The need for an ACIIL
We know that the number of ISDS cases is now over 1,000, and we also know that the potential for many more cases is very high, among other things because the number of international investors is very high (well over 100,000), the number of foreign affiliates is very high (well over 1 million) and many of the 3,000-plus IIAs contain ISDS provisions.
At the same time, we know furthermore that there are many under-resourced developing countries that neither have the human resources to defend themselves adequately in international investment disputes, nor do they have the funds to hire international law firms to do so.
Hence, establishing an Advisory Centre on International Investment Law would be very desirable. It could be an independent international institution tasked with assisting under-resourced developing countries in defending themselves adequately in international investment disputes. The Advisory Centre on WTO law could serve as a precedent and model.
Establishing such a Centre would level the playing field and provide de facto access to justice to under-resourced developing countries. It would also strengthen the legitimacy of the international investment regime. (Establishing an Advisory Centre is independent from other needed reforms of the international investment regime.)
The scope of work of an ACIIL
The core competency of an Advisory Centre should be to represent, together with lawyers from the respondent States, under-resourced developing country respondents in international investment disputes and the immediate preparation of such disputes. There are three reasons for this focus:
- First, while technical assistance is required across a wide range of issues related to the international investment regime, such assistance is available in a number of areas from both international organizations and other institutions. An example concerns trainings about issues that are addressed in international investment agreements. It would indeed be desirable to avoid duplicating the work of other organizations.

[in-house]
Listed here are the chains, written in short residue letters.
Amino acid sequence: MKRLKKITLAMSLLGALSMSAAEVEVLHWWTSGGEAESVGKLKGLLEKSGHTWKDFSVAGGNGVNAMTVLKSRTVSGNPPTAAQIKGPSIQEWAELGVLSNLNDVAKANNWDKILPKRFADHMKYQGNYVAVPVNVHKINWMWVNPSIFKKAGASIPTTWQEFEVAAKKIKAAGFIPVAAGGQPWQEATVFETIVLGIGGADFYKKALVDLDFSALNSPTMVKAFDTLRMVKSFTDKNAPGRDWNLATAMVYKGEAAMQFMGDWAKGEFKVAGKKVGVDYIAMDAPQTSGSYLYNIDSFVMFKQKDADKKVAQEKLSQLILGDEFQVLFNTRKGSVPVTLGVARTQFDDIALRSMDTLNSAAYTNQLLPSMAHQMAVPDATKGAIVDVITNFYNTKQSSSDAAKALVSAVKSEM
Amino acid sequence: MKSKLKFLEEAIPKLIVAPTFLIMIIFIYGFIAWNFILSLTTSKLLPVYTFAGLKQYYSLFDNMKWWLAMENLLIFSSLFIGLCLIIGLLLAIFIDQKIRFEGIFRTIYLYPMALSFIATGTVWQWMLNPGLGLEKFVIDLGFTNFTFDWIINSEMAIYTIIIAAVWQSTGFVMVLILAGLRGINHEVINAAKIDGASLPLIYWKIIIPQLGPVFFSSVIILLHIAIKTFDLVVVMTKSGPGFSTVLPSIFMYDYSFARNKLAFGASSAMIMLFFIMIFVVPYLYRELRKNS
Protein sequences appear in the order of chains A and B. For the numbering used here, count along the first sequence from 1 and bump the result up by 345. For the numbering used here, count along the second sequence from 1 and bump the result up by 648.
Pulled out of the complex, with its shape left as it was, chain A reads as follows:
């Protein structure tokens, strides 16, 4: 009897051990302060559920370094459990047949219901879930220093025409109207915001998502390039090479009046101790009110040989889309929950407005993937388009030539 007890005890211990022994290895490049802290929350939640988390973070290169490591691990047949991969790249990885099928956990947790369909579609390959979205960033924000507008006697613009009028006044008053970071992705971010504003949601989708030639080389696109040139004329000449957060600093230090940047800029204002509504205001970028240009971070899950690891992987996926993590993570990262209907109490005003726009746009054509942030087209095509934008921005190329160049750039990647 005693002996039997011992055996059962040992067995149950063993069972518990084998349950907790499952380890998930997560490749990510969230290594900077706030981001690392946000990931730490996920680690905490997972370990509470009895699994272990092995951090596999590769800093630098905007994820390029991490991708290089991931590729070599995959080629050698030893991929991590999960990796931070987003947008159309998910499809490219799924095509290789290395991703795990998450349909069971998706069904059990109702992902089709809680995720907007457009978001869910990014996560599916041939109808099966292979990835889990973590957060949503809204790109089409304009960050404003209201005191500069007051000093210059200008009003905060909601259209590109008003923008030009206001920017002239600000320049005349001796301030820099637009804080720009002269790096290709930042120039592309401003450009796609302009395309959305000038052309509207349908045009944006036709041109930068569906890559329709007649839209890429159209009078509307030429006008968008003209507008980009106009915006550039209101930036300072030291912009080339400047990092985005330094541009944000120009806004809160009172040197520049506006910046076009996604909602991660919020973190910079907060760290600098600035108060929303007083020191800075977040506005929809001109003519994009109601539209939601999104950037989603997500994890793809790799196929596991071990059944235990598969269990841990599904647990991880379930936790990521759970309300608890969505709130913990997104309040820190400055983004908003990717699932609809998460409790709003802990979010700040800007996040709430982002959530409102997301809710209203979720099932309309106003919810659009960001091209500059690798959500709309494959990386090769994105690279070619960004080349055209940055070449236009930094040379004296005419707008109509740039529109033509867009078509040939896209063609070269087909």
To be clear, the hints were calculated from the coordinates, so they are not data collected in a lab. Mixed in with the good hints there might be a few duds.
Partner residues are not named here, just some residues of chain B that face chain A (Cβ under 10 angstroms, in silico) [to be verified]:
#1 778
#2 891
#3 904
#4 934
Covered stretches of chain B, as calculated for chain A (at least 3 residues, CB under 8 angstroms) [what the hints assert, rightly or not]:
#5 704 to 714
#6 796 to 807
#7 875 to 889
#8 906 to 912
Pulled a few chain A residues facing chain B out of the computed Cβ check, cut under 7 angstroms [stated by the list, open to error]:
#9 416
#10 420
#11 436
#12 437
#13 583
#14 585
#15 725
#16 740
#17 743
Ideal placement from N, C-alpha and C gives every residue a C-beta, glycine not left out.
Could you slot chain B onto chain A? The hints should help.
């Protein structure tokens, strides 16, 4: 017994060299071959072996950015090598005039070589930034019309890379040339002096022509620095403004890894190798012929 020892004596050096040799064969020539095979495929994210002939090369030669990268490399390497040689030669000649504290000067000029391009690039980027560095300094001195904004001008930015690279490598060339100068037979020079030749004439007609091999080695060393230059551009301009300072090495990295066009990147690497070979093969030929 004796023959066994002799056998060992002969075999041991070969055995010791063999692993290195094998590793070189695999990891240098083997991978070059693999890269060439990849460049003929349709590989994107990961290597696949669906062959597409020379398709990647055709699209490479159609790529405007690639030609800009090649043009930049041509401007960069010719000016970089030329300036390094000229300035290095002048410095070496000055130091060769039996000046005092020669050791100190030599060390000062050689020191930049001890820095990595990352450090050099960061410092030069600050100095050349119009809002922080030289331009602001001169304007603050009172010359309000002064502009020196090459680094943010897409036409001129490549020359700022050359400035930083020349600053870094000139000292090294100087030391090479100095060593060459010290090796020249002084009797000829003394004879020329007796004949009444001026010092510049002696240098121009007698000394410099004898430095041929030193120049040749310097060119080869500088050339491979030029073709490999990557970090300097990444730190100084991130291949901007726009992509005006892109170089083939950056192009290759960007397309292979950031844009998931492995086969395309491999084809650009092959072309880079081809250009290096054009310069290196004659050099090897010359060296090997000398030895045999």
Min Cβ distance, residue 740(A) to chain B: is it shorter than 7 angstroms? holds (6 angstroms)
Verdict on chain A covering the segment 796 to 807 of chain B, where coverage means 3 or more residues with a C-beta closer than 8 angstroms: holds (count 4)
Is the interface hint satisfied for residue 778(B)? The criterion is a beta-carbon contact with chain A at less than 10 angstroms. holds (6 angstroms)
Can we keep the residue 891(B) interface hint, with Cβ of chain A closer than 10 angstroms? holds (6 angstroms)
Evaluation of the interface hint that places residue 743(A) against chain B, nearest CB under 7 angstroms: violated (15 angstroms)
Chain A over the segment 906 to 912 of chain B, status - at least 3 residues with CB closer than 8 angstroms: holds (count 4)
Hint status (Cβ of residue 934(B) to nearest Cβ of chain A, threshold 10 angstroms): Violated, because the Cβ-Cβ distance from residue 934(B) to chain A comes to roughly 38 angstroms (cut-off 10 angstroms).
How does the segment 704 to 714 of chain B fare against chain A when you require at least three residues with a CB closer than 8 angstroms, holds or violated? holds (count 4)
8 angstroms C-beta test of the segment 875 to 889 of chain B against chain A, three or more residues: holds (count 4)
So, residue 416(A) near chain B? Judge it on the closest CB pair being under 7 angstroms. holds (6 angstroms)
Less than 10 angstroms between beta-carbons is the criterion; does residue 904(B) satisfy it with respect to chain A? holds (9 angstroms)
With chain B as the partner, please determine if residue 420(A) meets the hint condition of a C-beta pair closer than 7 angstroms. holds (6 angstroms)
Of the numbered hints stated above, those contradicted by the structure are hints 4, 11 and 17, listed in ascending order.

- Second, there is currently no institution that provides assistance in the representation of respondents in international investment disputes—under-resourced developing countries are left entirely on their own if and when they face disputes. In other words, there is a real gap in the international investment regime that needs to be filled.
- The third reason for which the core competency of an Advisory Centre should be to help developing countries to defend themselves adequately in international investment disputes is that—as is well-known—conducting such disputes is already very costly. Adding additional responsibilities to the mandate of a Centre might risk to overload the Centre’s mandate and, therefore, might risk making the establishment of the ACIIL so expensive that the funds cannot be raised to bring it into existence. (Of course, nothing would prevent States from widening the mandate of the Centre once it is up and running, in the light of experience gained.)
The way forward
Maybe the deliberations of Working Group III could benefit from an informal inter-sessional meeting that examines the many technical issues related to the establishment of an Advisory Centre. It could be helped in this work by the detailed scoping study being finalized by the CCSI for the government of the Netherlands. Perhaps such an event could be organized by interested countries and be held in a developing county. The outcome of such a meeting could then help the Working Group to arrive at a considered understanding of the issues involved.
Beyond that, and as a preparatory step, the UNCITRAL Secretariat—or the Academic Forum—could perhaps organize a webinar for interested government representatives to kick off the technical discussions.
In summary, I think there is a distinct need for establishing an ACIIL; it should have a clear focus on helping under-resourced developing countries in defending themselves adequately in international investment disputes; and it would be desirable if UNCITRAL’s Working Group III began as soon as possible the examination of the technical issues involved.
Establishing an Advisory Centre would close a real gap in the international investment regime; it would level the playing field for under-resourced developing countries, thus providing them with de facto access to justice; and it would strengthen the legitimacy of the international investment regime.
References [ + ]
|1.||↑||This post is based on Karl P. Sauvant, “An Advisory Centre on International Investment Law: Key Features”, prepared for the Academic Forum on ISDS and available here: https://papers.ssrn.com/sol3/papers.cfm?abstract_id=3450919#.|